Erik Olsen presents a balanced perspective on management and conditions a Glover's Reef Marine Reserve in Belize in "Protected Reef Offers Model for Conservation" (New York Times, Science, April 27, 2010) and "On Patrol with the Reef Ranger" (New York Times, Green Blog, April 27, 2010). The Government of Belize has worked well with NGOs and fishermen to establish and maintain this reserve, no easy task when resources are limited. The abundant sea life and recovering sharks and rays are evidence of excellent performance at this site.
But, Glover's Reef and other areas in Belize are under increasing pressure from overfishing. Indicators of this include an unsustainable increase in the number of fishermen, the decline in catch of targeted high-value species such as lobster and grouper, and an increase in the catching of parrotfish – a species critical for maintaining the health of the reef. The question for managers, conservationists, and fishermen is how to integrate sustainable fisheries management with the marine reserve to prevent and even reverse overfishing in the reserves.
In response to the threat of overfishing, Environmental Defense Fund, Wildlife Conservation Society, Belize Fisheries Department and Belizean fishermen communities have partnered on an initiative to protect and restore fisheries at Glover's Reef and elsewhere in Belize through the implementation of innovative, incentive-based tools for fisheries management.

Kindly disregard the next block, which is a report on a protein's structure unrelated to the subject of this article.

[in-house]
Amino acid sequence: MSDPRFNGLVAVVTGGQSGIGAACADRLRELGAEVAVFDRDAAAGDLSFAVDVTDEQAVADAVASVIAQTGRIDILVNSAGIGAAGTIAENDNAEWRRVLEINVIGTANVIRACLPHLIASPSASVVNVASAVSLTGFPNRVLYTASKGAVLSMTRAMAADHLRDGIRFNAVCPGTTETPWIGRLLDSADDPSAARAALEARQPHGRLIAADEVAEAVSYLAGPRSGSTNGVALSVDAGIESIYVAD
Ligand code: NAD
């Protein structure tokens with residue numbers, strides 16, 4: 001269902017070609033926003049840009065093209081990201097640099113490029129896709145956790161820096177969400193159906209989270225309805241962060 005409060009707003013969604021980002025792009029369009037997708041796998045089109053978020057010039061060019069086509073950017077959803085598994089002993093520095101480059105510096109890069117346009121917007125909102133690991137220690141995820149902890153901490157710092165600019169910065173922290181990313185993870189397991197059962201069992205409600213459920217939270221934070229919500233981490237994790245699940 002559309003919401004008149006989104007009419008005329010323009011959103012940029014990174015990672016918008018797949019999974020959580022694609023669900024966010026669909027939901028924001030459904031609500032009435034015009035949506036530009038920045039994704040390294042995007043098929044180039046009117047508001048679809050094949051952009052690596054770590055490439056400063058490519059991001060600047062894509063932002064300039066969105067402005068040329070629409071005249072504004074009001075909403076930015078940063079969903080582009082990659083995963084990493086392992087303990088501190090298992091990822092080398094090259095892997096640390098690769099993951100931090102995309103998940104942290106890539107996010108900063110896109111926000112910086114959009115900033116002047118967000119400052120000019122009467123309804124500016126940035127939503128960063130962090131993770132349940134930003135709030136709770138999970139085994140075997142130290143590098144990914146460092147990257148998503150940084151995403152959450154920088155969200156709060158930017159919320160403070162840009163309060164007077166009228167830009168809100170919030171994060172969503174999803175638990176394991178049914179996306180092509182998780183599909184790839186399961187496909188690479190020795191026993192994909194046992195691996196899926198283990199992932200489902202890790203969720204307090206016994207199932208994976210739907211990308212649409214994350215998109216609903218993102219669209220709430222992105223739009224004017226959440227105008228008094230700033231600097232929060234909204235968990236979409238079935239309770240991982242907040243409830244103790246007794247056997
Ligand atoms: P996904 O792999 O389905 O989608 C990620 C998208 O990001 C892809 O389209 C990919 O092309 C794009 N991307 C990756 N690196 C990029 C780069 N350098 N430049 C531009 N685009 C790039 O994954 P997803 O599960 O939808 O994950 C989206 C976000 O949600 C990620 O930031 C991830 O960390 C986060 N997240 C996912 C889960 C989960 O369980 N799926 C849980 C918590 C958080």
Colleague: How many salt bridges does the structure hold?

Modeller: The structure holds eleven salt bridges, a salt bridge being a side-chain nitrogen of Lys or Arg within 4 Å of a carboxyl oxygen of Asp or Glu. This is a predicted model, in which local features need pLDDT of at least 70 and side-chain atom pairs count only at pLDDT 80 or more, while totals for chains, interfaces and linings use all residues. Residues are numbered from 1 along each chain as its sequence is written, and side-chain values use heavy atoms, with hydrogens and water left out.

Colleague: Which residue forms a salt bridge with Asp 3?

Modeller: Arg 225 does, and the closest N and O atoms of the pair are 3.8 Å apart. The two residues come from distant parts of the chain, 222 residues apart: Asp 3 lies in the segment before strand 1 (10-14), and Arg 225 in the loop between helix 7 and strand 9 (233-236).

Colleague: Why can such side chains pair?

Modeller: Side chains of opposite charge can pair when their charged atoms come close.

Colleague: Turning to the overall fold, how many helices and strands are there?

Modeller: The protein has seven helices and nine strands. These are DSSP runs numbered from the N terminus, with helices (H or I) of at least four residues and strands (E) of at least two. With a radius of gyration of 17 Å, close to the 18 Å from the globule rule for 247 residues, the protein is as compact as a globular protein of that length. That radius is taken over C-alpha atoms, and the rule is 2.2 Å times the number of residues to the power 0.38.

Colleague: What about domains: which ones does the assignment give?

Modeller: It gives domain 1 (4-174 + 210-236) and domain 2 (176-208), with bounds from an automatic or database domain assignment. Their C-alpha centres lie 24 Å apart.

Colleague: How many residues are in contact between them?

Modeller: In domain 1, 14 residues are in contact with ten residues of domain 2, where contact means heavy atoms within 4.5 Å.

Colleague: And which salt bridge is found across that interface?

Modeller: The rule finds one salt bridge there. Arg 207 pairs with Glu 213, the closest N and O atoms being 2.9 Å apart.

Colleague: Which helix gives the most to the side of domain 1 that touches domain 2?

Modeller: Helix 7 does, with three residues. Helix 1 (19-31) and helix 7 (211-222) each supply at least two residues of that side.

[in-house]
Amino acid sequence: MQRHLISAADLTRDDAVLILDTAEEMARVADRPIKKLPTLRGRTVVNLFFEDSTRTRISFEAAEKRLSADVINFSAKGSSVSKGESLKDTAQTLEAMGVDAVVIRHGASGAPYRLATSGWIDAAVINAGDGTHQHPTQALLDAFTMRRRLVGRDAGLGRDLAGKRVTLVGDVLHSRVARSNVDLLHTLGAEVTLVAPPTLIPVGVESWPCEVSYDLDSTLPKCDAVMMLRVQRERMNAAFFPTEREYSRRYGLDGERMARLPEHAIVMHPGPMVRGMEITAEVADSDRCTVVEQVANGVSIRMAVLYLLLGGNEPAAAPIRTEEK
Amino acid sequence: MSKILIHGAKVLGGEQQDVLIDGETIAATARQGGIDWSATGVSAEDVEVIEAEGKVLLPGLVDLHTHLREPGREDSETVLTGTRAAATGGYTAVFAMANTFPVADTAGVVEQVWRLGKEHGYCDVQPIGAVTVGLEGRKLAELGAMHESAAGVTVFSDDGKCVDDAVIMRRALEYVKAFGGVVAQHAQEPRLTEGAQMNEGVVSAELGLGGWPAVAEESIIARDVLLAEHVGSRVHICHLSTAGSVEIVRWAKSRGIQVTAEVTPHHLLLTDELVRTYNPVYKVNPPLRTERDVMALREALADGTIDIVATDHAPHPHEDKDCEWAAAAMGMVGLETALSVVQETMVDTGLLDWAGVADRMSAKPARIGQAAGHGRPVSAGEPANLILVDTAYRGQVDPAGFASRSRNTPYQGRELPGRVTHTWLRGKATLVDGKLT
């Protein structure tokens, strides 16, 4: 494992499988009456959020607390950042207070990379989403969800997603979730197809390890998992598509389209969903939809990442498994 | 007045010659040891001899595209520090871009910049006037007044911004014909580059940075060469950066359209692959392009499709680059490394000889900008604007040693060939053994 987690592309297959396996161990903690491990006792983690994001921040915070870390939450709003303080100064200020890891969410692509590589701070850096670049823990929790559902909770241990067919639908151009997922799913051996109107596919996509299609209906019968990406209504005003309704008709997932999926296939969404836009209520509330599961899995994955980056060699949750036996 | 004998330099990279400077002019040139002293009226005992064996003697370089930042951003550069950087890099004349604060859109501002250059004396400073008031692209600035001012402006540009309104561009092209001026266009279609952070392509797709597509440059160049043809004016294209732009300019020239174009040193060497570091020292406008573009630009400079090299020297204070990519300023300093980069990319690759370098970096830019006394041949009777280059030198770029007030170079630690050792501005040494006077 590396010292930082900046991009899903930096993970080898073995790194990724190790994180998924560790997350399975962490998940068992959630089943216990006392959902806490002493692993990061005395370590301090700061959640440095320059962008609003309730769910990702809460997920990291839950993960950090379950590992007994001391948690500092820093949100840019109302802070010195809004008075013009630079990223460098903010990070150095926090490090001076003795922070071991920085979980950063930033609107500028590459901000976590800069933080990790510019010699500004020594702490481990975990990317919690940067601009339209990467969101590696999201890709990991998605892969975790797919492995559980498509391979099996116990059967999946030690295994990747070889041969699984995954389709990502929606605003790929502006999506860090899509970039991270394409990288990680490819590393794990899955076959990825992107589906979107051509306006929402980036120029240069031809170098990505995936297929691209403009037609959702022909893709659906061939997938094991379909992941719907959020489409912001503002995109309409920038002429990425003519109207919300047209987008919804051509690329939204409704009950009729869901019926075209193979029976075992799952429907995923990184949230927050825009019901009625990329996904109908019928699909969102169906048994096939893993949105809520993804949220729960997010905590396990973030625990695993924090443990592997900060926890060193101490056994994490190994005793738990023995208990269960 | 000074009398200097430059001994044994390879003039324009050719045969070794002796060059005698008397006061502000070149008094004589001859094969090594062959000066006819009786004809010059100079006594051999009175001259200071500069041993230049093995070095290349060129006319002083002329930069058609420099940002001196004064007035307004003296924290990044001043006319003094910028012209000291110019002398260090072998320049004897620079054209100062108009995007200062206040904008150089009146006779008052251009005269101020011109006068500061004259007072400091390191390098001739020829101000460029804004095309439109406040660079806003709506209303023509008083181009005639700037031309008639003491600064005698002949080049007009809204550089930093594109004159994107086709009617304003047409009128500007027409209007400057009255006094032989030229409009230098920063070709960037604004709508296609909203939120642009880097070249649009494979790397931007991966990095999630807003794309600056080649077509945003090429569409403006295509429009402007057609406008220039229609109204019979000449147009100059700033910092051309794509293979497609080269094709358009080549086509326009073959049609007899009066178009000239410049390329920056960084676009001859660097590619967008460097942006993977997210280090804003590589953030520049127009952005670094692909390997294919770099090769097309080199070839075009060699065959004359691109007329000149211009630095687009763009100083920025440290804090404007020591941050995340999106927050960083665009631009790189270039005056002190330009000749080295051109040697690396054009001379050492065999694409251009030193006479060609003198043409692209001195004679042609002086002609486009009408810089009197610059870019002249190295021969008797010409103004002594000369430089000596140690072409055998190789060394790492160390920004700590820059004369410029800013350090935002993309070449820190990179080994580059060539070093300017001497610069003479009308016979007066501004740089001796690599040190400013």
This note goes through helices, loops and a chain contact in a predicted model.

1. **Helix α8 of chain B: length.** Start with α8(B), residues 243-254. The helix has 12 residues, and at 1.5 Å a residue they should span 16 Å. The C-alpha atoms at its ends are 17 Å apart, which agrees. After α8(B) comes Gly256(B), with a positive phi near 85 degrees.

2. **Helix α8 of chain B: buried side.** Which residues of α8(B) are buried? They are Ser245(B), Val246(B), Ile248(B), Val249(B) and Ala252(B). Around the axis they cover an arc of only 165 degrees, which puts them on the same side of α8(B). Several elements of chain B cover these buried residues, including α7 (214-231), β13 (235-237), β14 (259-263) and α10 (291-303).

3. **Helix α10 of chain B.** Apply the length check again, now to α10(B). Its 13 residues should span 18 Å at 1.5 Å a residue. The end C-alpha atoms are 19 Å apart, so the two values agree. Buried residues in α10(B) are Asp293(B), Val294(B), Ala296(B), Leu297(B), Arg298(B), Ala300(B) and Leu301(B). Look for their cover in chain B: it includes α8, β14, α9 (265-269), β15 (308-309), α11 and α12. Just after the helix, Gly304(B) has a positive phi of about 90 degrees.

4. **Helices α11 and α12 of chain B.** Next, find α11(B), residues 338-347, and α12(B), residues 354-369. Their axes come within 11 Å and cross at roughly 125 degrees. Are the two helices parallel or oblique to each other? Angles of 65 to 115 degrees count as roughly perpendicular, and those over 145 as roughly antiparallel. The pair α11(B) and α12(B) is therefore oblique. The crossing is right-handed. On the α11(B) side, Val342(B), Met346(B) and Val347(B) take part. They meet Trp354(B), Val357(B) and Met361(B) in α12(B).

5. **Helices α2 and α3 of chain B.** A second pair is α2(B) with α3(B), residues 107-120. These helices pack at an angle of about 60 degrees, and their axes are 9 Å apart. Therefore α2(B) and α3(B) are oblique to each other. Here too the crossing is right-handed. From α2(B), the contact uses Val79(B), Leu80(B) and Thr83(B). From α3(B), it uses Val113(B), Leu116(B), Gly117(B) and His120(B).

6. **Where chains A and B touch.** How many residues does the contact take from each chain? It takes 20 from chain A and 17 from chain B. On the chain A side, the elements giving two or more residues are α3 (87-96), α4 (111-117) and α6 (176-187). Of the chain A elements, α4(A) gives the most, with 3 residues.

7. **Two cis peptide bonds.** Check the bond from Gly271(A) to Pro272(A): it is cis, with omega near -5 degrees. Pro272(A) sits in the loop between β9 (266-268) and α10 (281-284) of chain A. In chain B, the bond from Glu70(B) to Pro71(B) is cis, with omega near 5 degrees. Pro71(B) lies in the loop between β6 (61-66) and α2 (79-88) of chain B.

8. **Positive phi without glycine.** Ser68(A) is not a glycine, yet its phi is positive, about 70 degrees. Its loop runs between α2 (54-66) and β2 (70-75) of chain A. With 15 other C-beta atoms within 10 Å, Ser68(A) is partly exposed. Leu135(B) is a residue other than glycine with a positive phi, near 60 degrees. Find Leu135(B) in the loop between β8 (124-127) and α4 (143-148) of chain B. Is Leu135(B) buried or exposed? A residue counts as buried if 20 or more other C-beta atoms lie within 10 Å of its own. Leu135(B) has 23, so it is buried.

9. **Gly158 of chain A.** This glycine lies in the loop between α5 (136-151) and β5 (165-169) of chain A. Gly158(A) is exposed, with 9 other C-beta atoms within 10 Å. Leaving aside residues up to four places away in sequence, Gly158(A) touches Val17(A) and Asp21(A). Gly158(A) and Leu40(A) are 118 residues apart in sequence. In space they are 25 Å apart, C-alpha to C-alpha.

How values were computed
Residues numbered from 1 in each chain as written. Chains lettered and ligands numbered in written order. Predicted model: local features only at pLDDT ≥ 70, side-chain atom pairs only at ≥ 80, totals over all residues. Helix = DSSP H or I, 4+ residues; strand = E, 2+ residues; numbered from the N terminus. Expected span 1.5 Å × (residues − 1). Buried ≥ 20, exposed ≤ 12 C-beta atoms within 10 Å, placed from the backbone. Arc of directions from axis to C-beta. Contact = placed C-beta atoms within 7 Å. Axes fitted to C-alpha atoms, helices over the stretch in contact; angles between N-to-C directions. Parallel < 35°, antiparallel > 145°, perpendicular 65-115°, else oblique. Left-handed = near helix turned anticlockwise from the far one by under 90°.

One of the major causes of overfishing at Glover's Reef is that it is an open access fishery. While this creates an opportunity for all to catch fish, it is also encouraging fishermen to catch too much fish too quickly. As fish populations get depleted, the health of the reef suffers and fishermen livelihoods become vulnerable. To solve this problem fishermen must either agree to end the competition and cooperate to sustainably harvest fish (cooperative fishing); or incentives can be put into place to encourage such behavior by empowering fishermen with secure shares of the catch or access to fishing grounds (catch share management).
This initiative builds on the science and management work already underway at Glover's Reef – the catch data collection that is critical to the implementation of a catch share program, and monitoring the overall ecosystem health of the atoll. Cooperative fishing and catch shares will also enable local community groups to play a more central role in the management of their fisheries, including implementing the enforcement and monitoring necessary for sustainable management.
Glover's Reef is a jewel, and a critical space for the livelihoods of fishermen and health of Belize's Barrier Reef and the Mesoamerican marine ecosystem. Linking good fisheries management with MPAs is a critical step to ensure that current and future generations enjoy and benefit from its resources.